Tooth decay occurs in several stages, spanning from initial demineralisation to painful dental abscesses. Between cavities, abscesses or even total tooth loss, the tooth decay process is caused by the presence of bacteria that live in dental plaque. Read on for more information about each of the stages of tooth decay, and some helpful tips on how to prevent this painful and uncomfortable process from happening to you.
Stage 1: Initial demineralisation
The outer layer of a tooth is coated in enamel which is made up mainly of minerals. Enamel is slowly broken down when it is exposed to acids from the food and drinks that we eat. The main cause of decay to enamel is caused by plaque bacteria with the initial demineralisation appearing as a white spot on your tooth which is a sign of tooth decay.
Stage 2: Enamel decay
As the tooth decay process continues, the enamel will break down further, and the initial white spot may darken to reveal a yellow brownish hue which is the dentin under your enamel. You will also often notice small cavities that appear in your tooth and it’s important to pay a visit to your dentist to have these filled to prevent further damage and decay in your teeth.
Stage 3: Dentin decay
Dentin is the tissue that sits underneath a tooth’s enamel. Dentin is soft and extremely sensitive, so by the time decay reaches the dentin layer, the overall tooth decay process speeds up. When dentin is affected by tooth decay, you may begin experiencing sensitivity on your teeth, particularly with hot or cold drinks.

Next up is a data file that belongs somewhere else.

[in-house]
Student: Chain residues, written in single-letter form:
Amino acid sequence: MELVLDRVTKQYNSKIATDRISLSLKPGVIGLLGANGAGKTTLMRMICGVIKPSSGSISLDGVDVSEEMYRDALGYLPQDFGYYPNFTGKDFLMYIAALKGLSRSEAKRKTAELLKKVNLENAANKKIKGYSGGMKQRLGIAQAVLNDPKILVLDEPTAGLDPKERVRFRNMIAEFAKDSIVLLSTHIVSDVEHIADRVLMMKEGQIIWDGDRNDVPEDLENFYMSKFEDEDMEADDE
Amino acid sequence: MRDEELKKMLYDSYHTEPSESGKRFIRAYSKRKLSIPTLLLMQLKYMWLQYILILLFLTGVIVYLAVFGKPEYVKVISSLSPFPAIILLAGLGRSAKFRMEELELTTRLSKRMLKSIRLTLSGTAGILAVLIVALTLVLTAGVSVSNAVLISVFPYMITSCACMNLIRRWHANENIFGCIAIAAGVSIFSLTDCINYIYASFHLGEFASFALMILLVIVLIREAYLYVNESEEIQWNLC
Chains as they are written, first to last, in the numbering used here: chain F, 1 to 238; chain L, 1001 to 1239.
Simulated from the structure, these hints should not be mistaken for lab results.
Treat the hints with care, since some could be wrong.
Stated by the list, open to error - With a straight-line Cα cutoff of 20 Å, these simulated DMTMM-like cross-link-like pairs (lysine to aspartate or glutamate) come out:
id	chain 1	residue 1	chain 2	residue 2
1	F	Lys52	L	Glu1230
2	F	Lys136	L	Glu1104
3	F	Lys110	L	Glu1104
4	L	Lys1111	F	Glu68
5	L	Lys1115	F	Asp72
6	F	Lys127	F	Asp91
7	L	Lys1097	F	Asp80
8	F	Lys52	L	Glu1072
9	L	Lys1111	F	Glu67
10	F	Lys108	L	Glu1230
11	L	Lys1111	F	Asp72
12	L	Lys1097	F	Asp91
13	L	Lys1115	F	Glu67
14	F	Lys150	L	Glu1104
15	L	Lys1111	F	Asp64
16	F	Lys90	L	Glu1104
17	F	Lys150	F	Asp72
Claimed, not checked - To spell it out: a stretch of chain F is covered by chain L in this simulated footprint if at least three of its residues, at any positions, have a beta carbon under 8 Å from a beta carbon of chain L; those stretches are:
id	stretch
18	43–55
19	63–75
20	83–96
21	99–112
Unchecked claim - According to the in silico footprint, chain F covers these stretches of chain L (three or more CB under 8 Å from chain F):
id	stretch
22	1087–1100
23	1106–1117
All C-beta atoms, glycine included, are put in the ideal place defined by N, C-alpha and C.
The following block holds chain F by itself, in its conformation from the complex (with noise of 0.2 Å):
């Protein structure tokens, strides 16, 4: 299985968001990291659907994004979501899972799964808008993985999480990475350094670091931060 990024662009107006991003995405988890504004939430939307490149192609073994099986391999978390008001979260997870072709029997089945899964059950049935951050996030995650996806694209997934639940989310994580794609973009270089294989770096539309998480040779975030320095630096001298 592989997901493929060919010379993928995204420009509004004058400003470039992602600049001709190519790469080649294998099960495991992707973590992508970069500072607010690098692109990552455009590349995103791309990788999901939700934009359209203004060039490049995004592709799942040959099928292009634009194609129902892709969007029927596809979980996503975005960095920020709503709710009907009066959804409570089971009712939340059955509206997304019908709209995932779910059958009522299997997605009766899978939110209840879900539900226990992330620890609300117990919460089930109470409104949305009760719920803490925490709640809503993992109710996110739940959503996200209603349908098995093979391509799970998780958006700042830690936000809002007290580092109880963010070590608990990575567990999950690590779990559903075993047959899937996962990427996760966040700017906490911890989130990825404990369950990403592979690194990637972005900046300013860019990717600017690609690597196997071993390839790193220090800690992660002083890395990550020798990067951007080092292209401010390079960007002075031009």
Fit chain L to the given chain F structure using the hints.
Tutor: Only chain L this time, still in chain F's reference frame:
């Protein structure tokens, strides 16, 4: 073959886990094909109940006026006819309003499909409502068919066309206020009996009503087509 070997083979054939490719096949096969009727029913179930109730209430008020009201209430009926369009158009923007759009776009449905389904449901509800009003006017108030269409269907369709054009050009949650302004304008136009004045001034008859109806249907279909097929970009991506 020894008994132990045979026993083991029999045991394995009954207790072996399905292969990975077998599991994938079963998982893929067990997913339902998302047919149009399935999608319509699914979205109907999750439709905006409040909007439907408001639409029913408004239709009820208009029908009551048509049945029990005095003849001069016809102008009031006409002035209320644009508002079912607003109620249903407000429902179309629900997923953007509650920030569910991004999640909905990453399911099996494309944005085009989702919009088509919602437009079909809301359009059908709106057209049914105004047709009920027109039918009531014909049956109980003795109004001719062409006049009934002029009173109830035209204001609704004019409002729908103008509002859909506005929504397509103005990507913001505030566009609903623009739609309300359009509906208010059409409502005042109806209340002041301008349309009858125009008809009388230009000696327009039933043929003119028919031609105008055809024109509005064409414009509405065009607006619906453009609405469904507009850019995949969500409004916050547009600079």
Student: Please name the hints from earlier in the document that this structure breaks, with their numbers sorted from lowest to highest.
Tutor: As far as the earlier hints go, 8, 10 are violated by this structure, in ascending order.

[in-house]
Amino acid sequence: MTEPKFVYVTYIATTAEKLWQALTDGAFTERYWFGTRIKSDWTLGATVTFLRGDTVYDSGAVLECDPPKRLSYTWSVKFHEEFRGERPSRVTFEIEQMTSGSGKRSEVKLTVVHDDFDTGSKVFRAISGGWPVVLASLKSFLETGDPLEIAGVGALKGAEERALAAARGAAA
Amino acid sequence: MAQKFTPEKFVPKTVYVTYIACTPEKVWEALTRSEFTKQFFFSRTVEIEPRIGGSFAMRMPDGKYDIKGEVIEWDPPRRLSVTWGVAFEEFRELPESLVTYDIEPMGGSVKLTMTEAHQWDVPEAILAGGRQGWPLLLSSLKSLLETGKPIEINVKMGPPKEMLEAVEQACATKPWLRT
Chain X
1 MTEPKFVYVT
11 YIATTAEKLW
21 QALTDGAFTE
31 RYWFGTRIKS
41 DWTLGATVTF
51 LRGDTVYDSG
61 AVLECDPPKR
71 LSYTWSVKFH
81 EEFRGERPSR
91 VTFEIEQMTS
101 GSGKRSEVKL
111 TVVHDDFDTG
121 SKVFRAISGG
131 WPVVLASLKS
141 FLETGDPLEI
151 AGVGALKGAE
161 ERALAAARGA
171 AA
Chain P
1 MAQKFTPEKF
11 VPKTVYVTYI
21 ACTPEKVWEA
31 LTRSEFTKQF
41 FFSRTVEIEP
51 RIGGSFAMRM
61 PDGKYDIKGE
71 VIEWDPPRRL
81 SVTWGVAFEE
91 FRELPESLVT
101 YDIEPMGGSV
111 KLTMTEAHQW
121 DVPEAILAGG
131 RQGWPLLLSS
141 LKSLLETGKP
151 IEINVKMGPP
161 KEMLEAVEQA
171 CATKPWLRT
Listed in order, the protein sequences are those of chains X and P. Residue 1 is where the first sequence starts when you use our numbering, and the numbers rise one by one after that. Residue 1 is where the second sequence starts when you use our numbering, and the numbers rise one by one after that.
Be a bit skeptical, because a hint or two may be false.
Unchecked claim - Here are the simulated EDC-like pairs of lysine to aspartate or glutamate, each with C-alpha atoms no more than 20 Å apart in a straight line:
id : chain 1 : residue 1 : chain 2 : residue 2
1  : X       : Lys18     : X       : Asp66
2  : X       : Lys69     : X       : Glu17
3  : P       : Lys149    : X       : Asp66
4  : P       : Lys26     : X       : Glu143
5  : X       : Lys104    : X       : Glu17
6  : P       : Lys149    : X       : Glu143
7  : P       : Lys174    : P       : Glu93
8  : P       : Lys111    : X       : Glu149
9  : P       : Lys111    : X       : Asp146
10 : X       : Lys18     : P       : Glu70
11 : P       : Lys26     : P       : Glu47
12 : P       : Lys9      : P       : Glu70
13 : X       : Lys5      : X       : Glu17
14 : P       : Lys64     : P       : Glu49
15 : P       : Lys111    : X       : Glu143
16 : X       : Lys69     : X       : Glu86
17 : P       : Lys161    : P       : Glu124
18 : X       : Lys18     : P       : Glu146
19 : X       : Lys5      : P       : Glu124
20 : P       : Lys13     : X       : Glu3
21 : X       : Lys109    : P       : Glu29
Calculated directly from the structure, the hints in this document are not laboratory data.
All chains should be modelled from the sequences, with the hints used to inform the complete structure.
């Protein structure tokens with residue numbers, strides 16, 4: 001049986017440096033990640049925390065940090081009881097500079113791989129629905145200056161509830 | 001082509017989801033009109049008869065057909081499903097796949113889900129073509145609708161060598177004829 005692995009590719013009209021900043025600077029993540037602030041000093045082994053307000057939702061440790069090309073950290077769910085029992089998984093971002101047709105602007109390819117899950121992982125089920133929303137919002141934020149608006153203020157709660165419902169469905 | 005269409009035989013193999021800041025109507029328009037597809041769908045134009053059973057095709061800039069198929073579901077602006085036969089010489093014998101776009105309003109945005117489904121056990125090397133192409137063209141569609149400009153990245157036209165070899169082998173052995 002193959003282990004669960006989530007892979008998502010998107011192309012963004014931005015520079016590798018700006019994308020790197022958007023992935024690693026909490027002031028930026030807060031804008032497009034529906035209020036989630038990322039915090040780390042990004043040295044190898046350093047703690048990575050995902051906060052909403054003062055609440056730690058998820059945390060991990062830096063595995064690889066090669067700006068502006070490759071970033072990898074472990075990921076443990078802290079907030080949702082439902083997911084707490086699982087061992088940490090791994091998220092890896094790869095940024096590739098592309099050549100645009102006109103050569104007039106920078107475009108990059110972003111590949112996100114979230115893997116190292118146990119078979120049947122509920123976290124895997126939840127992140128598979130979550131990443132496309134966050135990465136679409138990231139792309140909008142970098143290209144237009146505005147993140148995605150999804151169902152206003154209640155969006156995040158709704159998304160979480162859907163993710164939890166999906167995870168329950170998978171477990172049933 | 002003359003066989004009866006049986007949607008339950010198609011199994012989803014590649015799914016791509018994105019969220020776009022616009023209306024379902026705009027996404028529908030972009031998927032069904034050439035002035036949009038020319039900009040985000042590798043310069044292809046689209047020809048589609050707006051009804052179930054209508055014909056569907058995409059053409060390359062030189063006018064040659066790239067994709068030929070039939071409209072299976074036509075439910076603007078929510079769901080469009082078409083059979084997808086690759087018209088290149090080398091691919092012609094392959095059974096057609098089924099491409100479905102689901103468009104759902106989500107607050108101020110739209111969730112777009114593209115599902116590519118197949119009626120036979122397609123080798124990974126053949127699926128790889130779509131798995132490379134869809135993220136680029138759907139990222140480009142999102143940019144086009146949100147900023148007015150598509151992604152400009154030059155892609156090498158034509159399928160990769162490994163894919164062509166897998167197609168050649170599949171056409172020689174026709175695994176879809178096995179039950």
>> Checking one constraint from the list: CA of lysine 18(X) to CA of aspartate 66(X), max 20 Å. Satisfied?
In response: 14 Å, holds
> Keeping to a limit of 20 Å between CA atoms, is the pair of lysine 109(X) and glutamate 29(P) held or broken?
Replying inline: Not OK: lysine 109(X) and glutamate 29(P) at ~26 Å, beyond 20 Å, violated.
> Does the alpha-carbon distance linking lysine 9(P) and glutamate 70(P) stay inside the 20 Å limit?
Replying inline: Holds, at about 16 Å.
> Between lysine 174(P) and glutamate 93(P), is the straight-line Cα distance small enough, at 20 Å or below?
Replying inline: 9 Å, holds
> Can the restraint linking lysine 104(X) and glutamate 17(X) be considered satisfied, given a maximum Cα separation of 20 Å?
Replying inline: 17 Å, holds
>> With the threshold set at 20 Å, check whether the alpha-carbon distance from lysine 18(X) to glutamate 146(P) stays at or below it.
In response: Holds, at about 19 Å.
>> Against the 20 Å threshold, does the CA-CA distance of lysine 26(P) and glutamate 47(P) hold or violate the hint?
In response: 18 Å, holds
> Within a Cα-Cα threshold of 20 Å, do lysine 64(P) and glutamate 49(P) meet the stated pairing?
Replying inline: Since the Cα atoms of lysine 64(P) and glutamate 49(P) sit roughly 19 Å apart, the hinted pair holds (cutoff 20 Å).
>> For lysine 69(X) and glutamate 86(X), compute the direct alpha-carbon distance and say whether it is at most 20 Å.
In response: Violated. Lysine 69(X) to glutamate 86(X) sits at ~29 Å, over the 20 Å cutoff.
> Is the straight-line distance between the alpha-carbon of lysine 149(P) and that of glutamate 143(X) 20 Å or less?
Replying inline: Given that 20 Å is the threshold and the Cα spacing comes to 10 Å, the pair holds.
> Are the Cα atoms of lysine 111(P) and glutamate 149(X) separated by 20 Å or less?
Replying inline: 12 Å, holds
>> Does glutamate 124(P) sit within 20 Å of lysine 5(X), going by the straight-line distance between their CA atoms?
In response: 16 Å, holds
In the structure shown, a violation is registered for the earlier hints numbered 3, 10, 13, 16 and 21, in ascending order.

Stage 4: Pulp damage
A tooth’s pulp is its innermost layer that contains blood vessels and nerves that keep your teeth healthy. Once decay reaches it, the pulp can start to swell up and place pressure on surrounding nerves. This can lead to extreme tooth pain.
Step 5: Abscess
Once tooth decay has advanced into the pulp, an infection can be caused by infiltrating bacteria. This increased inflammation can lead to a pocket forming at the base of your tooth, which is called an abscess. A tooth abscess can be extremely serious and require immediate medical treatment. It can cause severe pain into your jaw, face and neck.
How to avoid tooth decay
There are a few prevention strategies that can lessen your chance of potential tooth decay. These include regular dentist check-ups, brushing your teeth regularly and effectively, and limiting sweets or foods with a high volume of sugar. In broader terms, maintaining a healthy and structured oral hygiene schedule is vital in preventing tooth decay or other tooth damage.